The reactions can be conducted at a pressure from about atmospheric to about 1000 psi, preferably from about 150 to 600 psi in liquid phase polymerization and from atmospheric to 30 atmospheres, preferably from 5 to 30 atmospheres, in gas phase polymerization. Typical residence times are from about 30 minutes to about 8 hours.
Suitable inert hydrocarbons solvents include saturated hydrocarbons such as propane, butane, hexane and heptane.
The catalyst system used in the polymerization comprises the reaction product of 1) a solid catalyst component containing a titanium compound and an electron-donor compound supported on activated magnesium dichloride, 2) a trialkylaluminum compound as activator and 3) an electron-donor compound.
Suitable titanium compound include those with at least one Ti-halogen bond, such as halides and halogen alcoholates of titanium.
In order to obtain the thermoplastic olefin polymers of this invention in the form of flowable spherical particles having a high bulk density, it is essential that the solid catalyst component have a) a surface area smaller than 100 m2 /g, preferably between 50 and 80 m2 /g, b) a porosity from 0.25 to 0.4 cc/g. and c) an X-ray spectrum, where the magnesium chloride refections appear, by the presence of a halo between the angles 2 θ of 33.5° and 35° and by the absence of the reflection at 2 θ of 14.95°. The symbol θ=Bragg angle.
The solid catalyst component is prepared by forming an adduct of magnesium dichloride and an alcohol, such as ethanol, propanol, butanol and 2-ethylhexanol, containing generally 3 moles of alcohol per mole of MgCl2, emulsifying the adduct, cooling the emulsion quickly to cause the adduct to solidify into spherical particles, and partially dealcoholating the particulate adduct by gradually increasing the temperature from 50° C. to 100° C. for a period of time sufficient to reduce the alcohol content from 3 moles to 1-1.5 moles per mole of MgCl2. The partially dealcoholated adduct is then suspended in TiCl4 at 0° C., such that the concentration of adduct to TiCl4 is 40-50 g/l TiCl4. The mixture is then heated to a temperature of 80° C. to 135° C. for a period of about 1-2 hr. When the temperature reaches 40° C., sufficient electron donor is added so that the molar ratio of Mg to electron donor is 8. When the heat treatment period has ended, the excess hot TiCl4 is separated by filtration or sedimentation, and the treatment with TiCl4 is repeated one or more times. The solid is then washed with a suitable inert hydrocarbon compound and dried.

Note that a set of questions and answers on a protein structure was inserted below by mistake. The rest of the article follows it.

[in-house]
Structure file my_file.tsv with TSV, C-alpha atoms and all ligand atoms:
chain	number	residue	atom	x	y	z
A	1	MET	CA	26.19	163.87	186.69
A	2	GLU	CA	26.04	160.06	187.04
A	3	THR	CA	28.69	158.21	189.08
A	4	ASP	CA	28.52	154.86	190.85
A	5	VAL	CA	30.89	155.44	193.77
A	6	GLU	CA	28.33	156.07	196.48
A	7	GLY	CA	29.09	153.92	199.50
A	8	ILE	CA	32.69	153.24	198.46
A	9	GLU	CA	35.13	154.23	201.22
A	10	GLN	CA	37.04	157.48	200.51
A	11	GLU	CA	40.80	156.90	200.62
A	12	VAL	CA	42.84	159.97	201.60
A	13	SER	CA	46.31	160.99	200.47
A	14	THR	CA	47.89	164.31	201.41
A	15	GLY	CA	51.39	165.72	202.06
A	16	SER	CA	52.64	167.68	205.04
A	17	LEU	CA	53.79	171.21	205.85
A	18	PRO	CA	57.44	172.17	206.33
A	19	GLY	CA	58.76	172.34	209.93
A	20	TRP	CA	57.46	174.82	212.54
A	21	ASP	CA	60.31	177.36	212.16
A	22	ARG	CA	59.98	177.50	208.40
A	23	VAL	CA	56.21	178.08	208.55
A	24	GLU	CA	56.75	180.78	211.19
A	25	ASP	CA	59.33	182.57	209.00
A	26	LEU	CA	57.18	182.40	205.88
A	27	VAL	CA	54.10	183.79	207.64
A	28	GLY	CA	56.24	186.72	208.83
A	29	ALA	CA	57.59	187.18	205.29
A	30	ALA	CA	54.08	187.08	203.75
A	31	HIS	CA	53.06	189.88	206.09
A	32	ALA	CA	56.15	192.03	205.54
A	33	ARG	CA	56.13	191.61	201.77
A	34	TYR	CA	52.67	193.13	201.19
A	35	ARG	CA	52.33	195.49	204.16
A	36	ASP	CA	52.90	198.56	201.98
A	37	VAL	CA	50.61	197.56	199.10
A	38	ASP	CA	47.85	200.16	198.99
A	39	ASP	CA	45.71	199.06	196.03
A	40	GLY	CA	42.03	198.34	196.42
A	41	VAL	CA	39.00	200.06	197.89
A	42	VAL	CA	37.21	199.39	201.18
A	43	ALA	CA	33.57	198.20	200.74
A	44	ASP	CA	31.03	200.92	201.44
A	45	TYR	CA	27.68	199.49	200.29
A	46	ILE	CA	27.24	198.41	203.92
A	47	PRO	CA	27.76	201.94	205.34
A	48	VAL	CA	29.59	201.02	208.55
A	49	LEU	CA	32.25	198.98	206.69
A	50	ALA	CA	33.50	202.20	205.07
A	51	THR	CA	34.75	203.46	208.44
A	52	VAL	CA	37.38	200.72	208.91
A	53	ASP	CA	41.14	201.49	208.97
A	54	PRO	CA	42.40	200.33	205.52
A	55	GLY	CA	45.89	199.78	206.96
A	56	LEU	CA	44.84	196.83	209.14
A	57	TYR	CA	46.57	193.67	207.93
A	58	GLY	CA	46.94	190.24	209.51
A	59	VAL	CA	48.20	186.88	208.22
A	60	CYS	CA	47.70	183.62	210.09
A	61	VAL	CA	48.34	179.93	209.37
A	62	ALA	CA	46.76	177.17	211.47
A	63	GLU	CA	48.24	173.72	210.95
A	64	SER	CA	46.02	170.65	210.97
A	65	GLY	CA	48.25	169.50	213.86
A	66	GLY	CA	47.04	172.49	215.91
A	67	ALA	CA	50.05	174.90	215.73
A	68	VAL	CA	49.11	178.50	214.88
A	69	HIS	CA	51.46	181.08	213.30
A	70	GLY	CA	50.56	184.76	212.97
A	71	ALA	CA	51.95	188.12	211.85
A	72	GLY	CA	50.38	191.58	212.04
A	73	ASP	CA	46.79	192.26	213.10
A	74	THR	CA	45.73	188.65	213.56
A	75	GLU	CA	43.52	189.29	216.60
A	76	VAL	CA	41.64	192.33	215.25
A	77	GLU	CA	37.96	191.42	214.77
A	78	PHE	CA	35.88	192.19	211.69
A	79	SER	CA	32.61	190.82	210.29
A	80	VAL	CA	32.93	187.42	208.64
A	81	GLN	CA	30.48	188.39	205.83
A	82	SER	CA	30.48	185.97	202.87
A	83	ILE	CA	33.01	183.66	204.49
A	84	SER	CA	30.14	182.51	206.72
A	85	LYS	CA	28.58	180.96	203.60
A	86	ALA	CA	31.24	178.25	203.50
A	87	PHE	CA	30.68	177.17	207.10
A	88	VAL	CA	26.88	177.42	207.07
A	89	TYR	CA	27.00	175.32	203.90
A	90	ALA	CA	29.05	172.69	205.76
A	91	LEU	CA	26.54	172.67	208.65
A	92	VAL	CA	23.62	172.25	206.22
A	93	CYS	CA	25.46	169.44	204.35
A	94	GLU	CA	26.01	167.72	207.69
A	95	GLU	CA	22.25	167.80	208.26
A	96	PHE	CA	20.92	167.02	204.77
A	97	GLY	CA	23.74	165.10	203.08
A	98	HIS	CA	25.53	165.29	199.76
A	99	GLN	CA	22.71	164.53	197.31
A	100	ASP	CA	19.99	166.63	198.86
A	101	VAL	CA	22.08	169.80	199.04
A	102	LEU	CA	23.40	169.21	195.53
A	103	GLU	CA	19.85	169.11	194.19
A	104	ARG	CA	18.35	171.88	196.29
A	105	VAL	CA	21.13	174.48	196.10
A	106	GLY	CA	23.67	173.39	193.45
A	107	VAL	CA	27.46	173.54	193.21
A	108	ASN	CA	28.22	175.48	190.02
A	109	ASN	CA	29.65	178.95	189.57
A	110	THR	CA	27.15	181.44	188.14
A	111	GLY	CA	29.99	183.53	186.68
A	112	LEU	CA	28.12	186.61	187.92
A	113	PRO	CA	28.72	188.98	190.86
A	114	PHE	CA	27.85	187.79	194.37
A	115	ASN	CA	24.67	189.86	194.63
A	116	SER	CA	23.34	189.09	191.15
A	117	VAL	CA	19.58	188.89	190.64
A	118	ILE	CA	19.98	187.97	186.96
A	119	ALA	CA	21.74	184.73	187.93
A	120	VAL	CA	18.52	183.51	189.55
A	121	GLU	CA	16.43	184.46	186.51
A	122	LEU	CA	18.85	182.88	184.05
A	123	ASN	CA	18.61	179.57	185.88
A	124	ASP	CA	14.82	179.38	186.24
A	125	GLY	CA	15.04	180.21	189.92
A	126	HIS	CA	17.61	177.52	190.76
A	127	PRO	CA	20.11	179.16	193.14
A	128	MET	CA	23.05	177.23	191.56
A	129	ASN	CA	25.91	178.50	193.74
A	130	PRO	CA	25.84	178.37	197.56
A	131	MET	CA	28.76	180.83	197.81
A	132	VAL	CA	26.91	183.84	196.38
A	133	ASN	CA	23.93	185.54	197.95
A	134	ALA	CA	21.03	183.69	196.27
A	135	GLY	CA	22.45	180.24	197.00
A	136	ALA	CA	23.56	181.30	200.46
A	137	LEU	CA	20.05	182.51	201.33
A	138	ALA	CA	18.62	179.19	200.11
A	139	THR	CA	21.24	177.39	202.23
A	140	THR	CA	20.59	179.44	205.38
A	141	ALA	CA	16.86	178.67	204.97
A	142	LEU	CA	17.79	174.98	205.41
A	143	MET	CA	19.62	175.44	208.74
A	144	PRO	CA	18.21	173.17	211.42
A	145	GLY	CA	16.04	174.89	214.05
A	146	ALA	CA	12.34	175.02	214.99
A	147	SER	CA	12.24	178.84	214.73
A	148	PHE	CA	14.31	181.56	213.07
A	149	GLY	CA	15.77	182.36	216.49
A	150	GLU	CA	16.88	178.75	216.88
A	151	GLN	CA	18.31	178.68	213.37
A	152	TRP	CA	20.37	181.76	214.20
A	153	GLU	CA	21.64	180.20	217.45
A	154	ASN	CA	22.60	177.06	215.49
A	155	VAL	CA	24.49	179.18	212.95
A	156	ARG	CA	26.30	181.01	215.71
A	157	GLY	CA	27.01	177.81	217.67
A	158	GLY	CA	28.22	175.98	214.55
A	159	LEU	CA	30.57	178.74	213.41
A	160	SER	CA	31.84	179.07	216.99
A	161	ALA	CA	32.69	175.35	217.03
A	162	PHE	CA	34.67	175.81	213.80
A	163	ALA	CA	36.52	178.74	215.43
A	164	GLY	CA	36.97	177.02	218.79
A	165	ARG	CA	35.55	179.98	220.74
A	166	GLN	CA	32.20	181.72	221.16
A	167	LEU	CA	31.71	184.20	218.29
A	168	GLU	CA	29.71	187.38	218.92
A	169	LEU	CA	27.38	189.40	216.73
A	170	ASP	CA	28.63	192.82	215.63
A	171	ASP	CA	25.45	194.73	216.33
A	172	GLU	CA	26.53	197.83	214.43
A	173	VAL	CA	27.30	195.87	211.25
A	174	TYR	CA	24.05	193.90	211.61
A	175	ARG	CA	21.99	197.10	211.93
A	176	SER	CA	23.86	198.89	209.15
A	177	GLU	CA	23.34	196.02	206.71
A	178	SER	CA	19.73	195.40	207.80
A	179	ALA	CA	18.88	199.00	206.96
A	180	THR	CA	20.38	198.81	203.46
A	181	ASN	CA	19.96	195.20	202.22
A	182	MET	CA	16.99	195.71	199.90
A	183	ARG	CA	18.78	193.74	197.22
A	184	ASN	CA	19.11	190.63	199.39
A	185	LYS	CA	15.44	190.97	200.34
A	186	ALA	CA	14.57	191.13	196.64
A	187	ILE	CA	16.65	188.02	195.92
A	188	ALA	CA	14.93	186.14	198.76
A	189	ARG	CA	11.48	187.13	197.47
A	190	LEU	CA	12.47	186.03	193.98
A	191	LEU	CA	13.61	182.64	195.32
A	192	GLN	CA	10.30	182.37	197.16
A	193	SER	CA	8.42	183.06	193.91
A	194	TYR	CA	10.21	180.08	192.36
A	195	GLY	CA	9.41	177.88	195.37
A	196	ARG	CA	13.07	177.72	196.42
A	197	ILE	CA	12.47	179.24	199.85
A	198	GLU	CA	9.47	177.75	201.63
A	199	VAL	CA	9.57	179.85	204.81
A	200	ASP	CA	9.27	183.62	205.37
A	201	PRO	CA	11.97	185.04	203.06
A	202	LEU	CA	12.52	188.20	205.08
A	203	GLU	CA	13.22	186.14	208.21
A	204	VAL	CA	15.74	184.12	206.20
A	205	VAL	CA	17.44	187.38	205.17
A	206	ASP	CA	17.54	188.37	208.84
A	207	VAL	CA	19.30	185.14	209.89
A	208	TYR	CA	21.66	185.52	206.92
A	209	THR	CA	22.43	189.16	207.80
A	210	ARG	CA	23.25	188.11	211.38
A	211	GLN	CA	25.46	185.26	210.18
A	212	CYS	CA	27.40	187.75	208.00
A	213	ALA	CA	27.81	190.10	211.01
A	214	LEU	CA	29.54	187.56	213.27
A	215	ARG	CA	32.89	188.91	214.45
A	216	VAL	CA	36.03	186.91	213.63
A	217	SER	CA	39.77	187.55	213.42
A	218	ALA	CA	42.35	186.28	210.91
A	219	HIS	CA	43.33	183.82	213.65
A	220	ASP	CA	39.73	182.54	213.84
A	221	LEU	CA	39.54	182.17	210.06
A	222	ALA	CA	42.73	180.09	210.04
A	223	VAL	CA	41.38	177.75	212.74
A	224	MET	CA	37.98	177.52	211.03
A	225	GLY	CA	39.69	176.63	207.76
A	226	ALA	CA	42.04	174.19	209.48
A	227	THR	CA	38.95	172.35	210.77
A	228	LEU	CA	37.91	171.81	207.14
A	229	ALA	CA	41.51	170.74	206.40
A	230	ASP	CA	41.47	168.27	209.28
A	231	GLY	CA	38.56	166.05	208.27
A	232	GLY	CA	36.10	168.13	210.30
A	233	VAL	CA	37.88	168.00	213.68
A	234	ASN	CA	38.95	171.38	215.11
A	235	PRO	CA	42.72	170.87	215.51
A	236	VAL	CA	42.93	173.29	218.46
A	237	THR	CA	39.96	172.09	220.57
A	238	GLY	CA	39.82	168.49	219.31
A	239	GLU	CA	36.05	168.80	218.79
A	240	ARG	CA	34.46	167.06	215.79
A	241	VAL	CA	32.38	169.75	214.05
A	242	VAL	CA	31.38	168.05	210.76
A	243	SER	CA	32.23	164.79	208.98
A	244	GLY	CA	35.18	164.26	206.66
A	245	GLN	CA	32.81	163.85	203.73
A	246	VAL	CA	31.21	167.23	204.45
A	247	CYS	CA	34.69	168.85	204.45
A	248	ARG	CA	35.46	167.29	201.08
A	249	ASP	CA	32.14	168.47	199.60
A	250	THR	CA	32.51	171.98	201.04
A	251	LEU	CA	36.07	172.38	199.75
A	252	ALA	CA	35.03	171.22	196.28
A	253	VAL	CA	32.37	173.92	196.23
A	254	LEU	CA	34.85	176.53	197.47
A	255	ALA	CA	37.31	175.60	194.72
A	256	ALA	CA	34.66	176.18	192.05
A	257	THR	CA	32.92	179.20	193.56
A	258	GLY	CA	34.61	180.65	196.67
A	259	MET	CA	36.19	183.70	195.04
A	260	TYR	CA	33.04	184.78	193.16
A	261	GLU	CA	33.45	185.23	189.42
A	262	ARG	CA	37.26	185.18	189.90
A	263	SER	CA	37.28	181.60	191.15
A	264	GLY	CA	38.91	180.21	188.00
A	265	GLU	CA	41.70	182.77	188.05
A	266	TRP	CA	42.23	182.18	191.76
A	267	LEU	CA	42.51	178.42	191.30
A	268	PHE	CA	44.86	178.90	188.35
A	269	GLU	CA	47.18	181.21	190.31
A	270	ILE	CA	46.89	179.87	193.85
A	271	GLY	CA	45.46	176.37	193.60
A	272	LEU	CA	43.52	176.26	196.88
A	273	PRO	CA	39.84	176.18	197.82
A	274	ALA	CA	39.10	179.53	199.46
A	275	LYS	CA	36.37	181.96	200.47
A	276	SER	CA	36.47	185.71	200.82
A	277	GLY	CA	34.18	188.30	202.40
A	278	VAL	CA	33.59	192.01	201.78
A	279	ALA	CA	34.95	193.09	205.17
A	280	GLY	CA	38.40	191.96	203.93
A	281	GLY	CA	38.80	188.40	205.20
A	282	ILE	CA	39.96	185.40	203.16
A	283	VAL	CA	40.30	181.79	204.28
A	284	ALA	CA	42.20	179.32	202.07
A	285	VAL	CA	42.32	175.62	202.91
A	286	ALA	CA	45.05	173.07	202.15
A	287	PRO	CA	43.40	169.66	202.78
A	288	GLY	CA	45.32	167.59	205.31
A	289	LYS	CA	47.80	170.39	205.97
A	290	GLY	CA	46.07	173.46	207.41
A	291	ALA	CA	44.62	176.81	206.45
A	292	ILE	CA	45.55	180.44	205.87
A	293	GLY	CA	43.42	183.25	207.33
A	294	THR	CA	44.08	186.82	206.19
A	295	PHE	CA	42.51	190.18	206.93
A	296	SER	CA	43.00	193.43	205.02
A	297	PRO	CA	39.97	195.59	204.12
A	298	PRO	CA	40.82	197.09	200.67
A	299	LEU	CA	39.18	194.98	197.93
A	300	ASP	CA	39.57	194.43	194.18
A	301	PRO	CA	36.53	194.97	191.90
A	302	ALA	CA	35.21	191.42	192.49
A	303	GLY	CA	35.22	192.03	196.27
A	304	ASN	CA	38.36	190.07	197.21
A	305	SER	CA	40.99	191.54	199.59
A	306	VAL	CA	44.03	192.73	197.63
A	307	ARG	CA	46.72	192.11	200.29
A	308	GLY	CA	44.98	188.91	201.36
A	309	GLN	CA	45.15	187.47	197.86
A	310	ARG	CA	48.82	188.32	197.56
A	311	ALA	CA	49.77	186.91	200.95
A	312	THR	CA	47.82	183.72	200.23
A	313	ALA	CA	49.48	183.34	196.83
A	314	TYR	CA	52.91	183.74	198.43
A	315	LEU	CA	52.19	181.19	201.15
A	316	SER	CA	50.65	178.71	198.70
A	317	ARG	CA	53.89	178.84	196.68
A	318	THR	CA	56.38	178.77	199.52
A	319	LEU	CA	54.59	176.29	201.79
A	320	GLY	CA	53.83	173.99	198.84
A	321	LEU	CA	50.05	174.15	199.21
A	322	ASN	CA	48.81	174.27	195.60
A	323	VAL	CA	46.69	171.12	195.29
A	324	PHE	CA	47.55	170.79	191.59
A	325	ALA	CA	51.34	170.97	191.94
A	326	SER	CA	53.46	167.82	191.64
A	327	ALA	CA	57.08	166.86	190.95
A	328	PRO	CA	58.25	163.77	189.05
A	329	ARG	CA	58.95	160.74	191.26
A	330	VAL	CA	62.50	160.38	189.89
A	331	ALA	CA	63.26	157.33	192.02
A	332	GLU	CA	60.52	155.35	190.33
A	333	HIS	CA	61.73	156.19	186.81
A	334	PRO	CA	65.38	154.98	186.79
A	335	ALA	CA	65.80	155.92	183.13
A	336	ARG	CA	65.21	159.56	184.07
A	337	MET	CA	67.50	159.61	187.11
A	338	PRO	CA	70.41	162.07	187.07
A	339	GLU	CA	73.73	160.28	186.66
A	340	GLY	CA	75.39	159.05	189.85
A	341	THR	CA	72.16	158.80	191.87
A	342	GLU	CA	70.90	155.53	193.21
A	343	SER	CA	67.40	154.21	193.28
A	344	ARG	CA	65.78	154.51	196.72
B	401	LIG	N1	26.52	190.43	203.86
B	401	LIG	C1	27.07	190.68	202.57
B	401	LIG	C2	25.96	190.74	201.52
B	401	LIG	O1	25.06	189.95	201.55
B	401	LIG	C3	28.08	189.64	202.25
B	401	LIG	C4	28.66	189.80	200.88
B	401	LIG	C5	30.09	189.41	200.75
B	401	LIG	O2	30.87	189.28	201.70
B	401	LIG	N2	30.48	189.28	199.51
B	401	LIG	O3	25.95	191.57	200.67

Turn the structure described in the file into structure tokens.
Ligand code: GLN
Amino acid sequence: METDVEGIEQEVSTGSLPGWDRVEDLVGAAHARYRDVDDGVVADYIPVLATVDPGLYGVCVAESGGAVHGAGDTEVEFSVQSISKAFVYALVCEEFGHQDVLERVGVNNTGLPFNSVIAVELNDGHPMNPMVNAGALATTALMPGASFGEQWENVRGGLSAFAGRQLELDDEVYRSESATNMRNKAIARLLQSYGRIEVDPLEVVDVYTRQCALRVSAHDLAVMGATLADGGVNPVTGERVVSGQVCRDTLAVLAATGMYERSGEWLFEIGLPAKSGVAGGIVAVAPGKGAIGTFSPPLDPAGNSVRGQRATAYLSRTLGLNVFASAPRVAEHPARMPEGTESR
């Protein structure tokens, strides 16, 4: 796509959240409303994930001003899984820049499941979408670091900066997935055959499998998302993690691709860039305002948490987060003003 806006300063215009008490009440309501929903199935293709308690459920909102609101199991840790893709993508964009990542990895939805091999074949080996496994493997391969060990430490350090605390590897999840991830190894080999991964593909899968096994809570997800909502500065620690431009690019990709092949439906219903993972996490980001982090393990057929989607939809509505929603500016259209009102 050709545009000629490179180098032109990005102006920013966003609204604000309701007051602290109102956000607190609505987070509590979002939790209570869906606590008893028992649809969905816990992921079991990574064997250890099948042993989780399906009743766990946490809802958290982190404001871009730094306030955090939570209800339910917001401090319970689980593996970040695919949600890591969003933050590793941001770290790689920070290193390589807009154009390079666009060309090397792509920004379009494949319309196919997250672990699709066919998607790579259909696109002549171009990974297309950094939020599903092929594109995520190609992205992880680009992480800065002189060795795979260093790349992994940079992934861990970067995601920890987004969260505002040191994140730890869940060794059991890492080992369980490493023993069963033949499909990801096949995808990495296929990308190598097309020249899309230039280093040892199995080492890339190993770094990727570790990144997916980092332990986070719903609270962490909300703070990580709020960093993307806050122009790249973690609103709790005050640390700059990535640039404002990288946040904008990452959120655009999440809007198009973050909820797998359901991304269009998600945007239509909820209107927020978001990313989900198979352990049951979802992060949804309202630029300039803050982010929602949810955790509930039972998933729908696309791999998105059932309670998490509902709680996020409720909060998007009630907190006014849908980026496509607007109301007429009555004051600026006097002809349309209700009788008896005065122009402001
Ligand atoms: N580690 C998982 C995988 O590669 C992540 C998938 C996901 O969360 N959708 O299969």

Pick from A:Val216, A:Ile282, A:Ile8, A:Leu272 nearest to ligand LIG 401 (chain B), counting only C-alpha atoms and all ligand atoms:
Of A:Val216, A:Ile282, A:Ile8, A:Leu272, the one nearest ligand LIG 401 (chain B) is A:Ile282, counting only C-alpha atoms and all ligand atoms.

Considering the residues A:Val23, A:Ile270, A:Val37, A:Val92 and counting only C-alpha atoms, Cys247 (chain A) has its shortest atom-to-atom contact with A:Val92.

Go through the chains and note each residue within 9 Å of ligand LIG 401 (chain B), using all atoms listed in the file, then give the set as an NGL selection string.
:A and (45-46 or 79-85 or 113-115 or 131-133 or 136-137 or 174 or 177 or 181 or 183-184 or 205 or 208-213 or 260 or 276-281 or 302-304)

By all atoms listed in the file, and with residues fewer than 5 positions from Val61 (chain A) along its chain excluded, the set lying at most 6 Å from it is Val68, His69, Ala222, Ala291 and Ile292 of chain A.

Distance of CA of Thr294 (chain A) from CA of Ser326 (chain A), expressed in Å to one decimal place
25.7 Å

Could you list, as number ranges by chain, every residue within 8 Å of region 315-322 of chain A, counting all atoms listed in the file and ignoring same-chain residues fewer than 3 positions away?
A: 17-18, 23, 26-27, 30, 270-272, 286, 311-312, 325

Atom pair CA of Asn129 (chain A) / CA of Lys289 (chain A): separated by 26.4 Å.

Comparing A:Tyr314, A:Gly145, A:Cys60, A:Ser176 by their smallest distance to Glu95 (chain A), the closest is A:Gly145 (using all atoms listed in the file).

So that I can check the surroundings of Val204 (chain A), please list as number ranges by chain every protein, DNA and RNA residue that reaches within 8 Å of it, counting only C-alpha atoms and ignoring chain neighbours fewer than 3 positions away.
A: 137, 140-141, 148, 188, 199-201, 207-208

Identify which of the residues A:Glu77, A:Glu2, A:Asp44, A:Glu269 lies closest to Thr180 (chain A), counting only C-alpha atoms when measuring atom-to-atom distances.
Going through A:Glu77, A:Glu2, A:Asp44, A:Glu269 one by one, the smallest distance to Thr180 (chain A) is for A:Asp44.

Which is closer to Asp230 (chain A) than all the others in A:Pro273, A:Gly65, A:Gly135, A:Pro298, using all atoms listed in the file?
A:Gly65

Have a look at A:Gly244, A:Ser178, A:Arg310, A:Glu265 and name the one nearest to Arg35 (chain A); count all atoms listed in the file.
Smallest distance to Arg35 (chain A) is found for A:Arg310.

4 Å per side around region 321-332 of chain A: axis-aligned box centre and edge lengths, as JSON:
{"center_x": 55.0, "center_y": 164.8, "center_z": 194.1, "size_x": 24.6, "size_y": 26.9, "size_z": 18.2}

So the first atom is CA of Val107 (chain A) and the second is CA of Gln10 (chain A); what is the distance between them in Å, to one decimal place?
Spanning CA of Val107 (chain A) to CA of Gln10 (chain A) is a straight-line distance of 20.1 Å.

The solid catalyst component typically has the following characteristics:
______________________________________surface area: less than 100 m2 /g, preferably between 50 and 80 m2 /gporosity: 0.25-0.4 cc/gpore volume 50 of the pores have a radiusdistribution: greater than 100 angstrooms.X-ray spectrum: where the Mg chloride refections appear, showing a halo with maximum intensity between angles of 2θ of 33.5° and 35°, and where the reflec- tion at 2θ of 14.95° is absent.______________________________________
Suitable electron-donor compounds for use in preparing the solid catalyst component include alkyl, cycloalkyl or aryl phthalates, such as diisobutylphthalate, di-n-butylphthalate and di-n-octylphthalate.